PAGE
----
Natalie Kane (@nd_kane) manages the V&A Digital Design Collection and walked us though what it means to curate a digital design collection. I love this kind of project and the challenges it poses. Natalie presented different acquisitions they made, from the iPhone 6 (that can’t be turned on anymore, for risking to brick it), the Minitel that connects to nothing (all disappeared when the last servers were shutdown) or the WeChat platform. Fascinating.
Digital design works between the physical and the digital between the concrete and the abstract and they often has no immediate edges or boundaries it can exist. Across a number of different scales, from the personal to the planetary.
The afternoon sessions started with Liz Jackson (@elizejackson) who presented Thisten, a real time speech-to-text app I had the opportunity to test throughout the day. Aside from the accessibility benefits it provides, it was liberating to know I could dive back into the Thisten feed at any time to copy & paste a citation, or figure out something I didn’t grasp. Liz’s talk (“Productivity recreates disability”) was a real eye opener for me, it really got me redefining inclusivity, and how my approach to design can impact others, start designing a solution with the user, instead of for the user.
Empathy reifies power structures, prescribes emotions and silences the recipient
The word empathy is just over 100 years old and shifted from inspiration to pity.
Lack of respect for disabled people. Maker them part of the team. Design with rather than for.
Laura Kalbag (@laurakalbag) has been delivering talks on global tracking and privacy for over seven years now, and she is still as powerful and insightful when she presents the state of surveillance capitalism and our privacy, and the extend to which Google gathers data from popular websites.
Laura gave a crystal clear presentation of the state of tracking and surveillance through carefully select examples, and gave a number of tips to mitigate as best we can tracking and fingerprinting versus convenience, and to protect ourselves as individuals.
Convenient exploitative technology is like fluffy handcuffs. They make looks cute and fluffy, but they are still handcuffs.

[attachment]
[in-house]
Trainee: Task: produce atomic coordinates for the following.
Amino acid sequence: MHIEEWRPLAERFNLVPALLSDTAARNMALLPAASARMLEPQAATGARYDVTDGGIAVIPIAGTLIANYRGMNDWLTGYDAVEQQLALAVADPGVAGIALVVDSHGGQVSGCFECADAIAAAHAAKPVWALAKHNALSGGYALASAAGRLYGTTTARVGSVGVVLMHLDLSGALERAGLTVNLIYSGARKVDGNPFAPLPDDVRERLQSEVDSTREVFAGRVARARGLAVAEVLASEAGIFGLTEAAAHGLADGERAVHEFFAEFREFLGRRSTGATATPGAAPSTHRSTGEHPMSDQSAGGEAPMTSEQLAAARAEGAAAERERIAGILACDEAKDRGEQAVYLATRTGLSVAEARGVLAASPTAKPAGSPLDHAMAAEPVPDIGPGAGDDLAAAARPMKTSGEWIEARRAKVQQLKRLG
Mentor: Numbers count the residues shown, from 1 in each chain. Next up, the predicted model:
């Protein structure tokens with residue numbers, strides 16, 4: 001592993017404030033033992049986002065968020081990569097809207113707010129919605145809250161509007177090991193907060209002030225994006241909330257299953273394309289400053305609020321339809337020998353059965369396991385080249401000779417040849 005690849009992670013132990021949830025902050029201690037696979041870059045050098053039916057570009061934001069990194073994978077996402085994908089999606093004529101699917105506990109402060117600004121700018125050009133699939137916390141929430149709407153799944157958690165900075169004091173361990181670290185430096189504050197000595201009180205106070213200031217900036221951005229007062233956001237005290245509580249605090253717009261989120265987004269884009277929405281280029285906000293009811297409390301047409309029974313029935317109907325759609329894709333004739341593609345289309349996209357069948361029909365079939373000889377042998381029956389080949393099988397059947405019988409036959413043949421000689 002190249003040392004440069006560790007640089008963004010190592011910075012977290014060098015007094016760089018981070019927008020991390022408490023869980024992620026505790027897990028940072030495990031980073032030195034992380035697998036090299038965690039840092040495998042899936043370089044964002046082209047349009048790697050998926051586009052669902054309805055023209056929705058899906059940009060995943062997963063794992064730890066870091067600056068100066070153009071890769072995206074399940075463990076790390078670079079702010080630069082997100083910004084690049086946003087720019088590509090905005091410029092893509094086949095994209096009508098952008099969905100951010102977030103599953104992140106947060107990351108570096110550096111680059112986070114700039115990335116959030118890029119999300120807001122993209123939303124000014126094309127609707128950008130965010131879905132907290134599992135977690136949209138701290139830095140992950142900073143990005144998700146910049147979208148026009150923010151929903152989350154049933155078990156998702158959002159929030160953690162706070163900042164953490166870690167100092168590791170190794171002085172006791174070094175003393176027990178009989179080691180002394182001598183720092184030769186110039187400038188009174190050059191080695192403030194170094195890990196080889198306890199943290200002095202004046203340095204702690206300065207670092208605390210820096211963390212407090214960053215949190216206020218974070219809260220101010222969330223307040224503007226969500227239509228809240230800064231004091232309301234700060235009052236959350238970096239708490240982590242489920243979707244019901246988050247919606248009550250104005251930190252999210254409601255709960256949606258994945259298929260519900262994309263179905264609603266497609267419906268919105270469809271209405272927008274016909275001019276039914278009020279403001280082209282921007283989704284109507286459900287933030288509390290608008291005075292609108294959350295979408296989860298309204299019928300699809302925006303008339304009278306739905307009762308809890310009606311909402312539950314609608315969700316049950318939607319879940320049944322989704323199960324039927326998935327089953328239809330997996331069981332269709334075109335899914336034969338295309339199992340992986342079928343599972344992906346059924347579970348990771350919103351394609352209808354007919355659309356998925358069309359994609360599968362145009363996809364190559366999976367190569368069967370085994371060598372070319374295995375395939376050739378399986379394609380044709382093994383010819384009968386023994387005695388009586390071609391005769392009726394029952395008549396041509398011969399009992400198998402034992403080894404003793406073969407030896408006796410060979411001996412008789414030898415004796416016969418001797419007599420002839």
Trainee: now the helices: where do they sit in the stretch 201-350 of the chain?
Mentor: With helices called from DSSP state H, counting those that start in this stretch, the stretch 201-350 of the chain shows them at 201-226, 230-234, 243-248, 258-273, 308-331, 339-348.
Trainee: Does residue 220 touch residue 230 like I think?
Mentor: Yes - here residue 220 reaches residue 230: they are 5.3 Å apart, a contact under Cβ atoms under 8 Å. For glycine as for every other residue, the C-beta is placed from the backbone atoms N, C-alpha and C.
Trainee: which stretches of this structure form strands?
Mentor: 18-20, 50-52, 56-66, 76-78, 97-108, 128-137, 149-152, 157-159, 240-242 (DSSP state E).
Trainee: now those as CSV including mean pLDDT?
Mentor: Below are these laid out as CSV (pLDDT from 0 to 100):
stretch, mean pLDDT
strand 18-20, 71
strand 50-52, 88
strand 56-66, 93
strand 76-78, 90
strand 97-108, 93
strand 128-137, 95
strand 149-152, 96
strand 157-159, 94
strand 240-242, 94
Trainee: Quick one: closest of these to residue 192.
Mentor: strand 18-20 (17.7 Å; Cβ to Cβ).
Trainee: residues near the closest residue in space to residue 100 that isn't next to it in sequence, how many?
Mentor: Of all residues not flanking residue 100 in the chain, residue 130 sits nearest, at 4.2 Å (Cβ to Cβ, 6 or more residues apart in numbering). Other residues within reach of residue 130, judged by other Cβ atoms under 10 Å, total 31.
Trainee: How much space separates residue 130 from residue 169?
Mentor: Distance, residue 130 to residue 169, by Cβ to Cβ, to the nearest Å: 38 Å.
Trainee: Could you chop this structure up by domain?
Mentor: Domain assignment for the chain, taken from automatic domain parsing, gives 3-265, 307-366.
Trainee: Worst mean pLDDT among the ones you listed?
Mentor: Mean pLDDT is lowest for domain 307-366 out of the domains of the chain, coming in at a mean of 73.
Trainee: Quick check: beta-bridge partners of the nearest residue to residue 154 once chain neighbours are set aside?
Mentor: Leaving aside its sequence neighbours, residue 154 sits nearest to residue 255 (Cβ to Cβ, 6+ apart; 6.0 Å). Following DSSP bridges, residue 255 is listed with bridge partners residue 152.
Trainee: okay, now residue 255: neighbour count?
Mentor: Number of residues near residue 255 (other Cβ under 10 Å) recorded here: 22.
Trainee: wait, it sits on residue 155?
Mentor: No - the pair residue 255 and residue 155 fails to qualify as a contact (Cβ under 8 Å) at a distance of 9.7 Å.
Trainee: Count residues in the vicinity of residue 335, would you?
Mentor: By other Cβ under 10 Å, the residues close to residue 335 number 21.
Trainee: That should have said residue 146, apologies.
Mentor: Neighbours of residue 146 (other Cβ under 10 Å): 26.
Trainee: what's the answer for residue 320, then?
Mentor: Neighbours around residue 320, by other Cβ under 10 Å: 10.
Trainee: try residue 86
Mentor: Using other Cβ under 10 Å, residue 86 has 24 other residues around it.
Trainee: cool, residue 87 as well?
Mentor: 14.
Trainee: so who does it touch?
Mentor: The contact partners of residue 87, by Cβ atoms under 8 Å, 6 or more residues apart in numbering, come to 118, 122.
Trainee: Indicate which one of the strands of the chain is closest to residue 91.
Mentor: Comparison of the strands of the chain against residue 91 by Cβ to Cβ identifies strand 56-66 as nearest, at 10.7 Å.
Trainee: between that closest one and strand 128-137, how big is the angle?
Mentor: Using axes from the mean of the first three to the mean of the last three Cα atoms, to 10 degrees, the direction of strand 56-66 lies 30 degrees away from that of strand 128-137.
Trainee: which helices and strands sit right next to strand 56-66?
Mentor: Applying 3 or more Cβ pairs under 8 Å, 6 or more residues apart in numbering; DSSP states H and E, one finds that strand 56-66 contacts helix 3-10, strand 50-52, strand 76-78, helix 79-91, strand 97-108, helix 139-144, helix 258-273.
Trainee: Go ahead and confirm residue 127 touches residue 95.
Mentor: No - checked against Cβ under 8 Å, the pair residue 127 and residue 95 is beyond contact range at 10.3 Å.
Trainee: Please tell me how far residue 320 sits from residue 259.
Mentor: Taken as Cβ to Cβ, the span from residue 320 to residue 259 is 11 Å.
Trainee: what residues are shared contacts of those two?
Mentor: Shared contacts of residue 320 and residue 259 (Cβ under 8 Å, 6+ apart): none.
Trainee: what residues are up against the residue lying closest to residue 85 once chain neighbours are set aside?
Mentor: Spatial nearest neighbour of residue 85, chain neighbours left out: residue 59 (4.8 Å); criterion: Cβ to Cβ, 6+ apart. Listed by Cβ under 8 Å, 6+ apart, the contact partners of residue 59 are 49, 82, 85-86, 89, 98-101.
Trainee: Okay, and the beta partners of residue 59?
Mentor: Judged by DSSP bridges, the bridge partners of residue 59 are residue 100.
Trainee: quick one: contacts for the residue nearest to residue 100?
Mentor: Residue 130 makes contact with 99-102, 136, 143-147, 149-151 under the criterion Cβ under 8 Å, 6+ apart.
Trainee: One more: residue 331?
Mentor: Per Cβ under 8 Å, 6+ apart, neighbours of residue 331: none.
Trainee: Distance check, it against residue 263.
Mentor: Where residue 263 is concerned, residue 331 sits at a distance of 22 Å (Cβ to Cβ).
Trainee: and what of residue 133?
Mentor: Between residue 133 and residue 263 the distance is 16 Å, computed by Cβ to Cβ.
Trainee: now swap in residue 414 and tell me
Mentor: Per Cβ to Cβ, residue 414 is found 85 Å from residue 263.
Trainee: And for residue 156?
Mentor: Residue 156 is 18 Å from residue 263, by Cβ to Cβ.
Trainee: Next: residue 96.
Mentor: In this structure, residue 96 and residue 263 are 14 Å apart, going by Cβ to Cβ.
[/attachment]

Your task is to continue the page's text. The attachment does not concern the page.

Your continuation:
Avoid technological colonialism. We should not be making assumptions about what is suitable for an audience that we are not part of.
Use small technology. Free and open.
We have to remember that if we work together, we can have a huge impact. Be the advocate of marginalised folks, be the gatekeeper when advocacy doesn’t get you far enough, use your expertise to prevent exploitative things from happening.
Florence Okoye (@FINOkoye) looking under the hood and understanding how things work. If we care about the future that we are creating, it’s important that we think about the dynamics of this creation. Understand why we are making the stuff we are making, and what it is that we are making.
We are still making a bunch of exploitative crap, dependant on environmentally destructive infrastructure and economic paradigms.
Things are complex, design is complex, and we can’t just burn everything down as it would hurt a lot of people.
Breaking things down into their constituent components. Take the time and the space to actually communicate how we feel.
Tatiana Mac (@TatianaTMac) gave an amazing talk using the history of booleans (mathematical binary) as a red line. Life if rich and diverse, and must be considered as a spectrum, a gradient. It was provoking and intense, and again, resonated deeply within me.
Resistance must be resilient and when we create technology, let’s stop creating it for efficiency. Let’s create it for resilience, because resilience is what allows us humans to live another day.
This year’s speaker lineup was one of a kind. I was moved by their commitment and intensity. By mid-afternoon I gave up live tweeting, having so much to take in. My brain was bubbling, and still is…
Both the morning and afternoon sessions were closed by a live recording of Jeff Veen’s Presentable podcast with the speakers. Answering questions from the audience, it was a nice way to recap what was presented.
Check out the videos when they become available, and in the meatime, browse through the slide decks and excellent coverage of the conference.